A father of two who suffered from a watery eye for eight months discovered that he had a facial cancer that he & # 39; the alien & # 39; called.
Graeme Heward, 58, of Lymm, Cheshire, was thought to have the condition dry eyes or a blocked tear duct when he saw doctors.
But finally a mass was discovered in his nose, which led to doctors diagnosing him with a cancer of the nose in 2010.
Physiotherapy was so embarrassed & # 39; and destroyed by the growing tumor in his face that he prefers & # 39; the Alien & # 39; then called cancer.
Mr. Heward got a hole in his face and lost his right eye after about 30 operations to tackle mass. He has since had a skin transplant and wears a prosthetic nose and a right eye.
Two years ago Mr. Heward was told that his cancer was incurable and so he lives the rest of his shortened life by raising money for charity.
Graeme Heward, 58, who suffered with a watery eye for eight months, discovered that he had a facial cancer that he found the & # 39; Alien & # 39; called. He was diagnosed in 2010 and has since had 30 operations followed by a skin graft and prosthetic nose and eye (pictured)
Mr. Heward, whose cancer is now incurable, was left with a hole in his face after the surgery to treat the cancerous mass in his nose. Depicted on an unclear date
Mr. Heward told it Liverpool Echo: & # 39; I didn't feel unwell and I didn't suffer any weight loss, it all started with the watery eye. & # 39;
For months Mr. Heward visited the doctors about problems with his eye and pressure in his sinuses, but it is not clear how often.
When he was finally told that an ear, nose, and throat specialist had had a tumor grow in his face, he had suffered from his symptoms for almost eight months.
WHAT IS NASAL CANCER?
Nose and sinus cancer affects the nasal cavity, the space behind your nose, and the sinuses, small cavities with air in your nose, cheekbones and forehead.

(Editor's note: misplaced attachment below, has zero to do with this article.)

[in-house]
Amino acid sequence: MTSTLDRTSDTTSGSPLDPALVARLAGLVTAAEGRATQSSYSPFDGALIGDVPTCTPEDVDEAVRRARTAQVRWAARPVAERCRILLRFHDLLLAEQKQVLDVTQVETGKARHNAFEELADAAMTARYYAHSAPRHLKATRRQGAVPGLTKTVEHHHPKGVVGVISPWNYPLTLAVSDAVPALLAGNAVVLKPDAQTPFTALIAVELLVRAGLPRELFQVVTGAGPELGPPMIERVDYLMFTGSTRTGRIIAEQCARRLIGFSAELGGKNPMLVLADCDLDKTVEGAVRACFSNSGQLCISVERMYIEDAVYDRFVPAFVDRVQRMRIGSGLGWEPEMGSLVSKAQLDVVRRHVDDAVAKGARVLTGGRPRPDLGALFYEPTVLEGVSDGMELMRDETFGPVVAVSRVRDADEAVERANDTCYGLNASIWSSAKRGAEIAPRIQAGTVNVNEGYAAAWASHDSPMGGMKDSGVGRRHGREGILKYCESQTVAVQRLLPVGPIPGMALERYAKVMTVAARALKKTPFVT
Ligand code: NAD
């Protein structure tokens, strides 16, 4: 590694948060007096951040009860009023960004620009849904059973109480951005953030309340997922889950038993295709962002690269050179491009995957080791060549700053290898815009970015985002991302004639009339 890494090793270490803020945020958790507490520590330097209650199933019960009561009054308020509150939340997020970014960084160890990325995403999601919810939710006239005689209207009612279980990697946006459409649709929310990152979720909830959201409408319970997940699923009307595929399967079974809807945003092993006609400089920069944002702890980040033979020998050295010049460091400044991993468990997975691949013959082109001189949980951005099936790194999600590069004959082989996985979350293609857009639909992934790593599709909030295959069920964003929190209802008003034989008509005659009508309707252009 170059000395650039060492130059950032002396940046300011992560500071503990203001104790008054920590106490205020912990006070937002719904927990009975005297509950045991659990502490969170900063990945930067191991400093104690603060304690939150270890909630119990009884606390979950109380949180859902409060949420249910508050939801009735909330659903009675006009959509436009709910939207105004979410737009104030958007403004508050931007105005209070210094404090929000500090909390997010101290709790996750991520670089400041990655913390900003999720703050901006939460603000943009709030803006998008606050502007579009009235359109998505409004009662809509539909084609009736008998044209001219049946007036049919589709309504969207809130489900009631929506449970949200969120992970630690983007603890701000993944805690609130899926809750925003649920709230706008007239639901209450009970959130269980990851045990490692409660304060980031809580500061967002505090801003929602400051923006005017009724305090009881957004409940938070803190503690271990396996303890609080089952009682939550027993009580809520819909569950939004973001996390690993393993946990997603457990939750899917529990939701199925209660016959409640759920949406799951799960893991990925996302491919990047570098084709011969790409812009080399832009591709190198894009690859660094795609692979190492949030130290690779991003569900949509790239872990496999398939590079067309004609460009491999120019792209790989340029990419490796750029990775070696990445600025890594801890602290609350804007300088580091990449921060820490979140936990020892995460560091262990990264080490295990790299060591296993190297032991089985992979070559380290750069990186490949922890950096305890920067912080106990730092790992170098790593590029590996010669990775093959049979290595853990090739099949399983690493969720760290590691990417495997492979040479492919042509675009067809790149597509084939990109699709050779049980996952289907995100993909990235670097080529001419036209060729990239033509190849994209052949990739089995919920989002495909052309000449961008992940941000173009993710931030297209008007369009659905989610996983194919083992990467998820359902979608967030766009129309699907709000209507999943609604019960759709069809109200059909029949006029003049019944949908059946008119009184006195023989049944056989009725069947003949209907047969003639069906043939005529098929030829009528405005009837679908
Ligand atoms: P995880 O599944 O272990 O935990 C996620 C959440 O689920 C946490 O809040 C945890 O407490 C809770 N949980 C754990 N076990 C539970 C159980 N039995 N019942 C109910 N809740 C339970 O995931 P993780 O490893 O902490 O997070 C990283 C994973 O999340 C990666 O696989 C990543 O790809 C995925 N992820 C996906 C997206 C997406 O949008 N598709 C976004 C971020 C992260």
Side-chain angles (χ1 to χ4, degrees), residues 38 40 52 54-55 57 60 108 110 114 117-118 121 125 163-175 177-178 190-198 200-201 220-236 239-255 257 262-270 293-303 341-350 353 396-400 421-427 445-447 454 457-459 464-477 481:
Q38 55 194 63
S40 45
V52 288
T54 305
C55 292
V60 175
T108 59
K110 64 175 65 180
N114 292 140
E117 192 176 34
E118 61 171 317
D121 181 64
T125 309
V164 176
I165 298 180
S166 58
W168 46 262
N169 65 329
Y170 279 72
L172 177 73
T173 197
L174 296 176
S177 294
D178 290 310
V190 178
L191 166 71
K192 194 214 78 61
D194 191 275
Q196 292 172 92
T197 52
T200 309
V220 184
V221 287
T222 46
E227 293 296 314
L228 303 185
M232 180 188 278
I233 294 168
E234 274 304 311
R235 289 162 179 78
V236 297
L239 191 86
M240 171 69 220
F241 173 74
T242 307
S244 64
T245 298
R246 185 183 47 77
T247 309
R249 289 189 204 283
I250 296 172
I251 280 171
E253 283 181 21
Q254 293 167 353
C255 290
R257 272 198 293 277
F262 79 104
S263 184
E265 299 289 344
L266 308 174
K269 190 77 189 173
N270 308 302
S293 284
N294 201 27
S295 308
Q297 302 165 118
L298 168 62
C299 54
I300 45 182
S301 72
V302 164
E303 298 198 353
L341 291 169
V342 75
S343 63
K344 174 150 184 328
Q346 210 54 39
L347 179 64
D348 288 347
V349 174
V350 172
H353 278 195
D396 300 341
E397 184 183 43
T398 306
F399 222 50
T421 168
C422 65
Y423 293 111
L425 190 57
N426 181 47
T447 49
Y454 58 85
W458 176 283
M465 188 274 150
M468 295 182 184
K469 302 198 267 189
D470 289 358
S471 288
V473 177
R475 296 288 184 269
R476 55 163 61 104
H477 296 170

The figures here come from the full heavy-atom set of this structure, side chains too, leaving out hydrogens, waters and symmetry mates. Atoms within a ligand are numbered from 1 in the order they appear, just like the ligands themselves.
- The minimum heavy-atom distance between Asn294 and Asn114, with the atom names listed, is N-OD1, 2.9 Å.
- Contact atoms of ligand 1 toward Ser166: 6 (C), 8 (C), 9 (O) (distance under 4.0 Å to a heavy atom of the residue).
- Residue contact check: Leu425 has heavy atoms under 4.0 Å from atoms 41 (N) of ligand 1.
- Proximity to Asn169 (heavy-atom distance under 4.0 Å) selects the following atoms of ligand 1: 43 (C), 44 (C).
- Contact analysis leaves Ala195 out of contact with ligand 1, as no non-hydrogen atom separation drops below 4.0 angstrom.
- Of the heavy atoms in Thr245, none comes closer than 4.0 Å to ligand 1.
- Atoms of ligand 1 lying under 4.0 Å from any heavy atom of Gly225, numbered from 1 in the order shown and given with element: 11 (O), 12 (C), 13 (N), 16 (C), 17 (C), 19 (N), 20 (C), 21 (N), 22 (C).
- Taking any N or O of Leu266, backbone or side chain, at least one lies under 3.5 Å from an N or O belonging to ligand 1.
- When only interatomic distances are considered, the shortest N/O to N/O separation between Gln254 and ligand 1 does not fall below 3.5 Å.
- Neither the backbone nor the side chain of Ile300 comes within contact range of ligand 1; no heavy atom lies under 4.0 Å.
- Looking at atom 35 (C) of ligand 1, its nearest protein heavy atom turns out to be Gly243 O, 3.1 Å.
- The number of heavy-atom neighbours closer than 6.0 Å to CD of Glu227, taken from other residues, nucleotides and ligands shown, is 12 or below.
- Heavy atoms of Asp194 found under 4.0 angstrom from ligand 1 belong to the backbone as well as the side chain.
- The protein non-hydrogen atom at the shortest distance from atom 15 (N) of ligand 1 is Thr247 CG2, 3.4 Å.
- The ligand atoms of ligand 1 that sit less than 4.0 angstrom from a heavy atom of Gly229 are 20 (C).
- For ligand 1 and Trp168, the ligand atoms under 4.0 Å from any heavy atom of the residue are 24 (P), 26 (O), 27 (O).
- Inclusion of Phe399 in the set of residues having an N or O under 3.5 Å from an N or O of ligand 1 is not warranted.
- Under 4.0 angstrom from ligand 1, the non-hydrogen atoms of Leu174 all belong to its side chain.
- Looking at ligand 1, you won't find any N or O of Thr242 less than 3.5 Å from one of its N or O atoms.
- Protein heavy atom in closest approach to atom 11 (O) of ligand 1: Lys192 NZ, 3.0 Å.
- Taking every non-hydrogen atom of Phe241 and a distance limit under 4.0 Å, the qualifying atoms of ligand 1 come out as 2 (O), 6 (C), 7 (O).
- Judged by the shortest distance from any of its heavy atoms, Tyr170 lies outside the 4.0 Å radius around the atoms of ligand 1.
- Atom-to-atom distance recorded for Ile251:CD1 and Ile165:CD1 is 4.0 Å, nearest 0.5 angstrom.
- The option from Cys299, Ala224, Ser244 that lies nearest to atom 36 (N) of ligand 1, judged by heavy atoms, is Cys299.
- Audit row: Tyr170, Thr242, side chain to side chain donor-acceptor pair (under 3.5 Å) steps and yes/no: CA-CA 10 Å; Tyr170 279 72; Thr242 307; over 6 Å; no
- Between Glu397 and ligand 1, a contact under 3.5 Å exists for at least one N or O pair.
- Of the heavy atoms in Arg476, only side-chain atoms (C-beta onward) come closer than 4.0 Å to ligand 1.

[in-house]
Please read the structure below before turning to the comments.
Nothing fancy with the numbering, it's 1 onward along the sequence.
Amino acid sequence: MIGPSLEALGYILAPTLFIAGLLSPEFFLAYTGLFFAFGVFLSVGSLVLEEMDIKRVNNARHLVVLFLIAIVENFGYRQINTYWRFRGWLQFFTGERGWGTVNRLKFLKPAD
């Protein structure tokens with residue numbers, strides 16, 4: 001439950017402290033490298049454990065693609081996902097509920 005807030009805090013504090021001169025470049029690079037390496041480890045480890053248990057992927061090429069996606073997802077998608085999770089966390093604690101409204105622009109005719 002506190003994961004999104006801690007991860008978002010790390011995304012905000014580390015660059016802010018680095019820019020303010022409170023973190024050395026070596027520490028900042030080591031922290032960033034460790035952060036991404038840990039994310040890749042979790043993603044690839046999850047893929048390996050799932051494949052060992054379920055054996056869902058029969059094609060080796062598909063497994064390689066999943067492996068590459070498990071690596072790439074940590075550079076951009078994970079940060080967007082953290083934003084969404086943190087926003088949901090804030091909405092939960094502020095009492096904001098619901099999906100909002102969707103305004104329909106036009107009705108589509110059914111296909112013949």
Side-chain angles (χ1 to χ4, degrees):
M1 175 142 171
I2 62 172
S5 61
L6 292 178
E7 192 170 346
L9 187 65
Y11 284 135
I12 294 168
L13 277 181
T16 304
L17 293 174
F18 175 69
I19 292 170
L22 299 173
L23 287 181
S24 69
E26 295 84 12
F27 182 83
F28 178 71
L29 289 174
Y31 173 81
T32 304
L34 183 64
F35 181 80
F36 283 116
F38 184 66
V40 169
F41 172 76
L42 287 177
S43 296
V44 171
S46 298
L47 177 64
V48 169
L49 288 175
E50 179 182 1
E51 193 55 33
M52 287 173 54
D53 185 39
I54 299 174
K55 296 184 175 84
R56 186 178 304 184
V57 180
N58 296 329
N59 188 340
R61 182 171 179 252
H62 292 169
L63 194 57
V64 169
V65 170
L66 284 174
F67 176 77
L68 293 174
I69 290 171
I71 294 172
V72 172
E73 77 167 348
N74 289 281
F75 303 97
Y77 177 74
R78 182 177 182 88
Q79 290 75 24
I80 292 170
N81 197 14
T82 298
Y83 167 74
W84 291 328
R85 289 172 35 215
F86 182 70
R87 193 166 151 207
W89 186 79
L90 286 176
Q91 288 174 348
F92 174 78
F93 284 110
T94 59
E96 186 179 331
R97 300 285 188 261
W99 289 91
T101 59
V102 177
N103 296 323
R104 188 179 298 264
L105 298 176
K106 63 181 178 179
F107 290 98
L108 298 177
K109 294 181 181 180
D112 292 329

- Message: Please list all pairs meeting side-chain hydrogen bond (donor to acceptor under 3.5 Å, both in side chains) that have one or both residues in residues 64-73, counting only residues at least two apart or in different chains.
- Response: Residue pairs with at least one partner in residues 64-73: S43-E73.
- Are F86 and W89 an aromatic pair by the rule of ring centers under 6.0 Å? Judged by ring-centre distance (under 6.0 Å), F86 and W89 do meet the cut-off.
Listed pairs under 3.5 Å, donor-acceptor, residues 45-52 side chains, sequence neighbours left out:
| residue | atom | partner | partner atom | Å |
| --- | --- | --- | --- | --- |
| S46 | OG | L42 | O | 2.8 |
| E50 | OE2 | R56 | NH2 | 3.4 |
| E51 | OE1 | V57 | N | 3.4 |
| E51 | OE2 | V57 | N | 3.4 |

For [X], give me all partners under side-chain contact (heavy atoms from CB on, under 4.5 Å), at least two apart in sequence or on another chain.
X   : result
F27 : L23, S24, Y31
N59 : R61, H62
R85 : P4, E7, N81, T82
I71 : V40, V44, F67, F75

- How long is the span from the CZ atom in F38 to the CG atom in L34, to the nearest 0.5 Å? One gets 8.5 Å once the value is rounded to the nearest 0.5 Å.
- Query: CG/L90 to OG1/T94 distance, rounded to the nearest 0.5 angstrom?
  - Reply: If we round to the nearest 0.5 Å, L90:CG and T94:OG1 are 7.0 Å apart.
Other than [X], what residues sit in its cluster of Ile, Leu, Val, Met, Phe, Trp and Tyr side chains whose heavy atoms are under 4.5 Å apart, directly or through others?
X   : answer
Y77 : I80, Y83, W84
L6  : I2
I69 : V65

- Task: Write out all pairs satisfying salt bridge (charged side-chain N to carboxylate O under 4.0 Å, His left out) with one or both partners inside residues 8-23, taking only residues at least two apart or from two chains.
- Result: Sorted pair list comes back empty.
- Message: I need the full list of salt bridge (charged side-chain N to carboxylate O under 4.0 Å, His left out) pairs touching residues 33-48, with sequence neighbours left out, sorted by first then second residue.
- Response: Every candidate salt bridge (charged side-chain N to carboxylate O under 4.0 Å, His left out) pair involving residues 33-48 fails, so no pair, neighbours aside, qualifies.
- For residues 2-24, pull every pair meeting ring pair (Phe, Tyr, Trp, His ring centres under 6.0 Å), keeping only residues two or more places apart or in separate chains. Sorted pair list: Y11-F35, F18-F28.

What are the symptoms?
The most common symptoms of nasal and sinus cancer are persistent nasal congestion, which usually affects only one side, nose bleeds, decreased sense of smell, mucus running from your nose or covering the back of your nose and throat.
These symptoms can be comparable to more general and less serious conditions, such as a cold or sinusitis.
At a later stage, symptoms may include pain or numbness in the face, especially in the upper cheek, swollen glands in the neck, partial loss of vision or double vision, a bulging or persistent watering eye, pain or pressure in one ear, and persistent lumps or growth on your face, nose or the roof of your mouth.
Who is diagnosed?
It is a rare form of cancer that usually occurs in men over 40 years of age.
Only about 400 cases are diagnosed annually in the UK and 2000 in the US.
Other risk factors include prolonged exposure to certain substances through your work, including wood dust, subject matter, fabric fibers, nickel, chromium and formaldehyde, smoking and human papillomavirus (HPV).
More than 70 percent of people with nasal and sinus cancer will survive a year or more after diagnosis. About 50 percent will survive five years.
Mr. Heward said: “When the tumor was discovered, I could see the mass in my nose, but doctors originally thought it was benign.
& # 39; Later the tumor heard that cancer was devastating. & # 39;
Cancer can begin in the lining of the space behind the nose, called the nasal cavity, which affects vision, the ability to open the mouth and cause pain.